"I feel like I am living in hell. I have been in Greece for three months now, but time feels like not passing. I am so stressed about my asylum interview, that will take place in a few days. I just feel desperate and afraid most of the time. I stay inside the container with the lights off. I have been in Athens only to visit my psychologist and my lawyer. I received the financial support last month for the first time. In the beginning I had no help. I had to take the train to visit my psychologist but I had no money for the ticket. I could register my asylum application after some weeks, and only after that I received the Cash-Card. In the meanwhile, IOM started helping me with my transfers to Athens. But now they told me that they have stopped working in the camp and they'll only come for urgent cases. That makes me more worried. I even lost my last appointment with the psychologist in Athens because the transportation services were cut and there are still no trains. I feel a lot of pressure and stress."
Robina* (33) from Afghanistan, single mother of three minors living in Malakasa camp
"I have been in Greece for four years. My asylum application was rejected twice, I have no valid documents and no money for four months. I am desperate. I am alone with my children. I tried to find help in order to get my new application registered faster, because we are in a very bad situation, but everywhere I went they told me it's not possible. The internet wasn't working and then, when it did, I got an appointment for after a long time. I have lost all hope. My psychological situation has got worse. I felt unseen, unheard and without help, until I found a lawyer to help me. I have no money to go to Athens, thus I go without a ticket since I have no choice and need legal help. When they check the tickets in the train I feel a lot of shame. Sometimes they understand our problems, because we say we live in the camp, and they accept us to give them 1 or 2 Euros, whatever we have. But sometimes they insist we should pay the full ticket price or else step out of the train. They even stopped the train once, but there was a nice Greek lady who gave me the money at the last moment. This was a very bad feeling."
Zahra* (37) from Afghanistan, mother living in Schisto camp with her husband and their two daughters
"I go in the city of Athens and out of the camp only once a month since we arrived here. It's a one-hour drive and I must buy tickets for my children and myself. Since I rarely go out, I don't know any places in Athens and I get easily lost. In the beginning, when we still had no Cash-Card, I went once with the metro to a hospital and I got a 72 Euro fine for not holding a ticket. That was all the money I had at that point, but I paid it to avoid further troubles. I have various health problems, so I leave the camp mainly to go to doctors. In the camp there are no classes. I spend most of my time taking care of my two daughters, their school and hobbies. In Afghanistan they had no access to nothing. I want them now to have everything they wish for. It is not easy to live with a family in a small container inside a camp, but, to be honest, the important thing is we escaped the violence we suffered in Afghanistan."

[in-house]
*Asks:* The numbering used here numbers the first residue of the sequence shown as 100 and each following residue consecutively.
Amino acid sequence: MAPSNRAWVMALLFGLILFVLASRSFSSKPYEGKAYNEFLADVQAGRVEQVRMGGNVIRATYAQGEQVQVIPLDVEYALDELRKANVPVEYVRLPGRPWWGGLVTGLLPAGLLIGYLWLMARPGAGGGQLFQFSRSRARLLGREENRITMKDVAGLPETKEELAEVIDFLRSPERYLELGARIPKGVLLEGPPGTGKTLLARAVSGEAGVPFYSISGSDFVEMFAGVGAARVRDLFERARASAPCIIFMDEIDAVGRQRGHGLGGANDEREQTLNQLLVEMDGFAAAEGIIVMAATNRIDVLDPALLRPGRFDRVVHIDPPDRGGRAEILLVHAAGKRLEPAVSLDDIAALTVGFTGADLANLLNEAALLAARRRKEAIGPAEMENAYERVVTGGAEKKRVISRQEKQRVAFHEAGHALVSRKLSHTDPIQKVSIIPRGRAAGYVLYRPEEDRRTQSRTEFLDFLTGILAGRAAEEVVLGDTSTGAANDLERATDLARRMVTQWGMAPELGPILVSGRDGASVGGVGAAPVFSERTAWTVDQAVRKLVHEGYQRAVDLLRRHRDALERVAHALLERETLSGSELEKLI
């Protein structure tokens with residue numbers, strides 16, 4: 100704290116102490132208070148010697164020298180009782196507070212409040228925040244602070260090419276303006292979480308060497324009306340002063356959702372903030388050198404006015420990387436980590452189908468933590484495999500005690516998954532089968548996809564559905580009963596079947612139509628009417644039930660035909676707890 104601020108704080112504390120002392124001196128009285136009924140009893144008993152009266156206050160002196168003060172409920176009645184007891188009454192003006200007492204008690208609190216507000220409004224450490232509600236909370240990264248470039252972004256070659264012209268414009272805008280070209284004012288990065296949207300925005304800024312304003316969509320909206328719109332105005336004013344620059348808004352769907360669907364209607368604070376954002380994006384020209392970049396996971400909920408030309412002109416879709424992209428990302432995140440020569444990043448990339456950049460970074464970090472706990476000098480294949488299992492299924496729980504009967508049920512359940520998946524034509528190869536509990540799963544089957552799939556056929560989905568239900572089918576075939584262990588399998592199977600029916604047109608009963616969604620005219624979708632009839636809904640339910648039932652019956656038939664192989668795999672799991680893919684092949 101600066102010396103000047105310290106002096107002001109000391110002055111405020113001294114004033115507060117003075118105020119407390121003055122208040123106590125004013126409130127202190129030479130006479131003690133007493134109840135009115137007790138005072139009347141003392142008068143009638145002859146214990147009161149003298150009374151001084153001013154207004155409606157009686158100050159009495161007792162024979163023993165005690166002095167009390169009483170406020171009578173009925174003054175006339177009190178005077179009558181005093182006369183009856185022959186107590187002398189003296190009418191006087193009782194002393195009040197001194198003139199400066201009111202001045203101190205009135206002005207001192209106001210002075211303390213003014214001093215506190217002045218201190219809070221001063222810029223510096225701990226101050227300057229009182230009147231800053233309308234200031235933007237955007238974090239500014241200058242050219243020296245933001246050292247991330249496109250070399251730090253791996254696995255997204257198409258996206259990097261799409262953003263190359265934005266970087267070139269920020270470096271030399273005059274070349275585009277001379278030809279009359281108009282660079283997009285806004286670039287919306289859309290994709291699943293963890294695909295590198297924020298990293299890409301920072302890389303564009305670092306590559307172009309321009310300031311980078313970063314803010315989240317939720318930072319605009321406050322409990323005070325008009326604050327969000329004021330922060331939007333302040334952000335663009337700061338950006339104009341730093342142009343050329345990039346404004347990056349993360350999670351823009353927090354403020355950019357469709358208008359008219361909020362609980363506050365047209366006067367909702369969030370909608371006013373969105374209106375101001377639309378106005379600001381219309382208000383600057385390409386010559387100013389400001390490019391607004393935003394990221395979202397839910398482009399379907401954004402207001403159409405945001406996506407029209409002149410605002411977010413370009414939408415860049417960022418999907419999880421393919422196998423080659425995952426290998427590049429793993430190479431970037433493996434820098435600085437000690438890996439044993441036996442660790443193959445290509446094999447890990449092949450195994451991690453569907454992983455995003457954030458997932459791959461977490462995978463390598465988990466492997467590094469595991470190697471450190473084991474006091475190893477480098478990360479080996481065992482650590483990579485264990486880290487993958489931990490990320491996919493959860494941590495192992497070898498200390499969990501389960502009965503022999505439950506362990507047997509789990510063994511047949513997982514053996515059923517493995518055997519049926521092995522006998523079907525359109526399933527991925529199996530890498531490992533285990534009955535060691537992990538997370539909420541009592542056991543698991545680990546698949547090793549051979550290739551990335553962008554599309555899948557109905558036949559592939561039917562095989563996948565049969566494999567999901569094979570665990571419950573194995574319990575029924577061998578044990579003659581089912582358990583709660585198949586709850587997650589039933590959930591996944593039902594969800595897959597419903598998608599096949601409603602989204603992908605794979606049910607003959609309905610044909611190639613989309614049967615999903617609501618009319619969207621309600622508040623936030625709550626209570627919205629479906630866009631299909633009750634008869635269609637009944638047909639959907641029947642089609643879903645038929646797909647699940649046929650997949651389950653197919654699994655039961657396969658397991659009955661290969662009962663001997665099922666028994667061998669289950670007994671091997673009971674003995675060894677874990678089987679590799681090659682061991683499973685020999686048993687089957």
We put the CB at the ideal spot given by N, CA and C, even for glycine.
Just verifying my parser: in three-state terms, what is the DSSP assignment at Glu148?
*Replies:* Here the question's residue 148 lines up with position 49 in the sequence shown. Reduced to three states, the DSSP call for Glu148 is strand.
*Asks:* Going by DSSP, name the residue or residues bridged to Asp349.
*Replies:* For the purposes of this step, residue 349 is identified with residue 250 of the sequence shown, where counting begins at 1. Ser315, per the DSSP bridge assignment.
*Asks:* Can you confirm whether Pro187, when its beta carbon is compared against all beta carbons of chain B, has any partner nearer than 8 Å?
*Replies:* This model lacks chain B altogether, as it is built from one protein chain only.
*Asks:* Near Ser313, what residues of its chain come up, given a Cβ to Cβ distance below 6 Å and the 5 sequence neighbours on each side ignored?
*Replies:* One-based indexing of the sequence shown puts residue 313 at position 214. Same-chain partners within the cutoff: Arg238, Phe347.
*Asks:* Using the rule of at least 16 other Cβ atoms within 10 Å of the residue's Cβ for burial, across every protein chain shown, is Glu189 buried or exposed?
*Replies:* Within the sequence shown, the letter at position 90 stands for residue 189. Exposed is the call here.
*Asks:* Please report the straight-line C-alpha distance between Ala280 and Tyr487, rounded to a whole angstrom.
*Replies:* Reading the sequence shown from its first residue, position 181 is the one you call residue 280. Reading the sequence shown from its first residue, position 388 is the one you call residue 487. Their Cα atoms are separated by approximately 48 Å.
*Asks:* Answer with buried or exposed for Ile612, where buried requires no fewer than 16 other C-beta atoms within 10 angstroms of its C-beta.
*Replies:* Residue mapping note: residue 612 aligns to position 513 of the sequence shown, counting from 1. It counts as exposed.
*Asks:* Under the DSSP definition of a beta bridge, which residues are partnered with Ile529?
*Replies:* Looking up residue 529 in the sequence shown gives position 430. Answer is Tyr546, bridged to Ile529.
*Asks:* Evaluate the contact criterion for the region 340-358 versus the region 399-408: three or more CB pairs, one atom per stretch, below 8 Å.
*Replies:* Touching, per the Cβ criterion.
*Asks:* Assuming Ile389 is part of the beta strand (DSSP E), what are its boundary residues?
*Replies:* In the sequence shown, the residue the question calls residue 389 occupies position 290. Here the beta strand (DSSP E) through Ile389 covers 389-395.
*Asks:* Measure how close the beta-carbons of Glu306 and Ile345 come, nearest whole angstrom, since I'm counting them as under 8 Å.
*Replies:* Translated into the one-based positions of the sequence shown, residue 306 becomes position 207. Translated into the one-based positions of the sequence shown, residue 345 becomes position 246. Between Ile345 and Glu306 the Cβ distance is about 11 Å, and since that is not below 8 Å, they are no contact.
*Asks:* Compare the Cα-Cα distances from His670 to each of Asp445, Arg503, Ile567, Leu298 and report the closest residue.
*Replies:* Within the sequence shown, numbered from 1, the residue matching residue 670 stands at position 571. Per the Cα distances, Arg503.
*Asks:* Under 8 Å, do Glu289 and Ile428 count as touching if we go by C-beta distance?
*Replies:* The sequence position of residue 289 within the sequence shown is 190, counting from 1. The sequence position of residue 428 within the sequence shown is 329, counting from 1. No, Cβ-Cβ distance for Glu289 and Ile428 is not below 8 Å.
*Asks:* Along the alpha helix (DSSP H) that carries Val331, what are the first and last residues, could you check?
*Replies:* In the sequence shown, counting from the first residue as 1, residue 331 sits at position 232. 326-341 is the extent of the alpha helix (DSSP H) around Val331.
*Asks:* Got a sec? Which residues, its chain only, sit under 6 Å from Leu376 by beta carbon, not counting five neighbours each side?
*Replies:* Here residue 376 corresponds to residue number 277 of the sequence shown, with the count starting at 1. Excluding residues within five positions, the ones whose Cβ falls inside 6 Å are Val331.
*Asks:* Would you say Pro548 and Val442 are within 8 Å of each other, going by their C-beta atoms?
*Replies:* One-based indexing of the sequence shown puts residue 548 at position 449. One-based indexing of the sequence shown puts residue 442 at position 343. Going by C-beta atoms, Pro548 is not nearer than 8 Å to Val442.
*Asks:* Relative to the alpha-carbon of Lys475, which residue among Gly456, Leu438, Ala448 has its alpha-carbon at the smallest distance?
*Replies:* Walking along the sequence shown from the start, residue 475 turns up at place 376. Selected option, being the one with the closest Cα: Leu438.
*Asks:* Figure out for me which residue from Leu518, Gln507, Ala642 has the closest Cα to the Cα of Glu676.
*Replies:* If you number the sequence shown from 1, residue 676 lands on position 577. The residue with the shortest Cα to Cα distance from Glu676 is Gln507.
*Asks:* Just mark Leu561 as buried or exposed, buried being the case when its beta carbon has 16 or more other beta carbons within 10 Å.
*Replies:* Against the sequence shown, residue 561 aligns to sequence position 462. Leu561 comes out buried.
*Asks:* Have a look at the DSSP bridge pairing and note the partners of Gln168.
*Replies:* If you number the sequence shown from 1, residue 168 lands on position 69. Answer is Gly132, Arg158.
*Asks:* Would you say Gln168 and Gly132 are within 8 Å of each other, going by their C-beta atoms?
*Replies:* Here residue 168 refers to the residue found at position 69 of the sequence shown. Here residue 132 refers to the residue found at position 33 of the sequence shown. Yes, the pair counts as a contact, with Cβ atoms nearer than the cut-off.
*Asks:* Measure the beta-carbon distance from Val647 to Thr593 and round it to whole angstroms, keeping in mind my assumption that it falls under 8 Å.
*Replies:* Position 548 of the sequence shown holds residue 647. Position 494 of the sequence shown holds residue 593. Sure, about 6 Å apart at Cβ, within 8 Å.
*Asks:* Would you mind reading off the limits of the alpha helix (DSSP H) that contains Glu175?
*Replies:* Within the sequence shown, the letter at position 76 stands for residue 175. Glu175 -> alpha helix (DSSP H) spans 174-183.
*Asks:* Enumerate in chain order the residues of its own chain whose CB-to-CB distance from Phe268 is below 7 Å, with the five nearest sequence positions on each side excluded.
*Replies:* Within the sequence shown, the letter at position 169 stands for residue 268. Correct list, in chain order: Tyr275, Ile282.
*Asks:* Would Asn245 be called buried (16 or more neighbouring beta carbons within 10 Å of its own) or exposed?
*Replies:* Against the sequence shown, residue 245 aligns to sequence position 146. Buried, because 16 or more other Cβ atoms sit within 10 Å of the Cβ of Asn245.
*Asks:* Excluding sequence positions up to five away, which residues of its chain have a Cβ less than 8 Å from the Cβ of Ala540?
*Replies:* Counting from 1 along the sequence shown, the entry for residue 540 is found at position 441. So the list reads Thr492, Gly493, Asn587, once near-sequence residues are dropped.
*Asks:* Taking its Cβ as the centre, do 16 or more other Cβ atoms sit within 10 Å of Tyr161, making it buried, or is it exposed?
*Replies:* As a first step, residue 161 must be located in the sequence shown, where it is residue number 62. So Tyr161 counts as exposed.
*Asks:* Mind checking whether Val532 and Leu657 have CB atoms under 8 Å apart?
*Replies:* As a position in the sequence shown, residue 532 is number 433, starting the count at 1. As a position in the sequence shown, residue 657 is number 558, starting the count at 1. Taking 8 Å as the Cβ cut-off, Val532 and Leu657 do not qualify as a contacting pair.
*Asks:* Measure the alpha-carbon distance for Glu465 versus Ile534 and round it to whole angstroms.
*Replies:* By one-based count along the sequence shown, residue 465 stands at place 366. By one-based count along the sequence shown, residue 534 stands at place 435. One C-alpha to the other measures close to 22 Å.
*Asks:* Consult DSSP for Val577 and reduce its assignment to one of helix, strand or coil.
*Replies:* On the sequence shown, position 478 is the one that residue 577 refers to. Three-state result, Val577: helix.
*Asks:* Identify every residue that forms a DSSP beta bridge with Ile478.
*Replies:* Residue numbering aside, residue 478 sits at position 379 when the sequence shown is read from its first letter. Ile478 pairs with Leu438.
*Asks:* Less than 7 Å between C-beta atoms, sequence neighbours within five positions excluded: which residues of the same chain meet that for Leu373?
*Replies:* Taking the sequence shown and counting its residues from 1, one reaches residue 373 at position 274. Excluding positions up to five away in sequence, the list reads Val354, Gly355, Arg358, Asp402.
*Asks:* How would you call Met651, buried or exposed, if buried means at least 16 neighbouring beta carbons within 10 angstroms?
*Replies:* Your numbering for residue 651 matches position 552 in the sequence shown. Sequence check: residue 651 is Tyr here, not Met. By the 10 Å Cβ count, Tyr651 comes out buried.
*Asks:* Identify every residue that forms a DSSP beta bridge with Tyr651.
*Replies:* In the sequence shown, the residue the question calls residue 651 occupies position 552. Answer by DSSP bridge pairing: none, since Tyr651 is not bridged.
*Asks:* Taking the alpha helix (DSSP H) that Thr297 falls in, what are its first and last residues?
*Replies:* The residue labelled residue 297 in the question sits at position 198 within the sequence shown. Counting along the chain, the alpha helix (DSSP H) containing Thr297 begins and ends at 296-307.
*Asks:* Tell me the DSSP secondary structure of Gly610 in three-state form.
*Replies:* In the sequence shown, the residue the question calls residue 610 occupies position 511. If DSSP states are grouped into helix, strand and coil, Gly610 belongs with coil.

Feruza* (25) from Afghanistan, living in Thiva camp with her husband and their two children
"It took us five months to be able to register our asylum application. We had only a police paper, but it expired. My husband even got arrested once, when he tried to bring some food from Athens and was detained for a few days. We are without money until now, but still we had to pay to go to Malakasa for our registration. Until recently there was a free bus from the camp to Athens but it stopped functioning right before we had to go for our registration. In the camp they give us food, but it's sometimes barely edible. In the past, we used to go sometimes to Athens with that bus. In Athens we would find some humanitarian help from different organisations that provide us with small bags with food and hygiene items for free. It will take at least one more month until we get financial help from the government, that’s what we were told. We have to walk for one hour to take the public bus to Athens, and then pay 16 Euro per person to go and return. We don't have this money. So we just wait inside the camp. We don't go anywhere anymore."
Shirin* (46) from Afghanistan, living in Thiva camp with her minor son
“I arrived in Greece with my two sons, but one of them was returned back to Turkey. Our group was separated at the borders. I couldn’t do anything. We arrived in Athens and found ourselves without a place to sleep and with no news from my child. I am very worried and I cannot think clearly. After registering our asylum application, we waited in the Malakasa camp until they transferred us to Thiva. After that, I came to Athens only twice to meet my lawyer. There was a free bus twice a week until recently, but now they have stopped it. I asked my lawyers, how would we go to our asylum interview in Athens? We have to be there early in the morning and there is no bus. They told me that unfortunately the authorities have said you have to cover the transport cost yourself.”
Residents of refugee camps that provide for catering receive 75 Euros per adult, 135 per couple or single headed family with one child, 160 for a three-person family and 210 for four headed or larger core families. See: https://help.unhcr.org/greece/living-in-greece/access-to-cash-assistance/ ↑
See: https://www.hellenicparliament.gr/UserFiles/67715b2c-ec81-4f0c-ad6a-476a34d732bd/12249704.pdf ↑
Information provided by the Controlled Access Centre of Thiva, 8 March 2023. ↑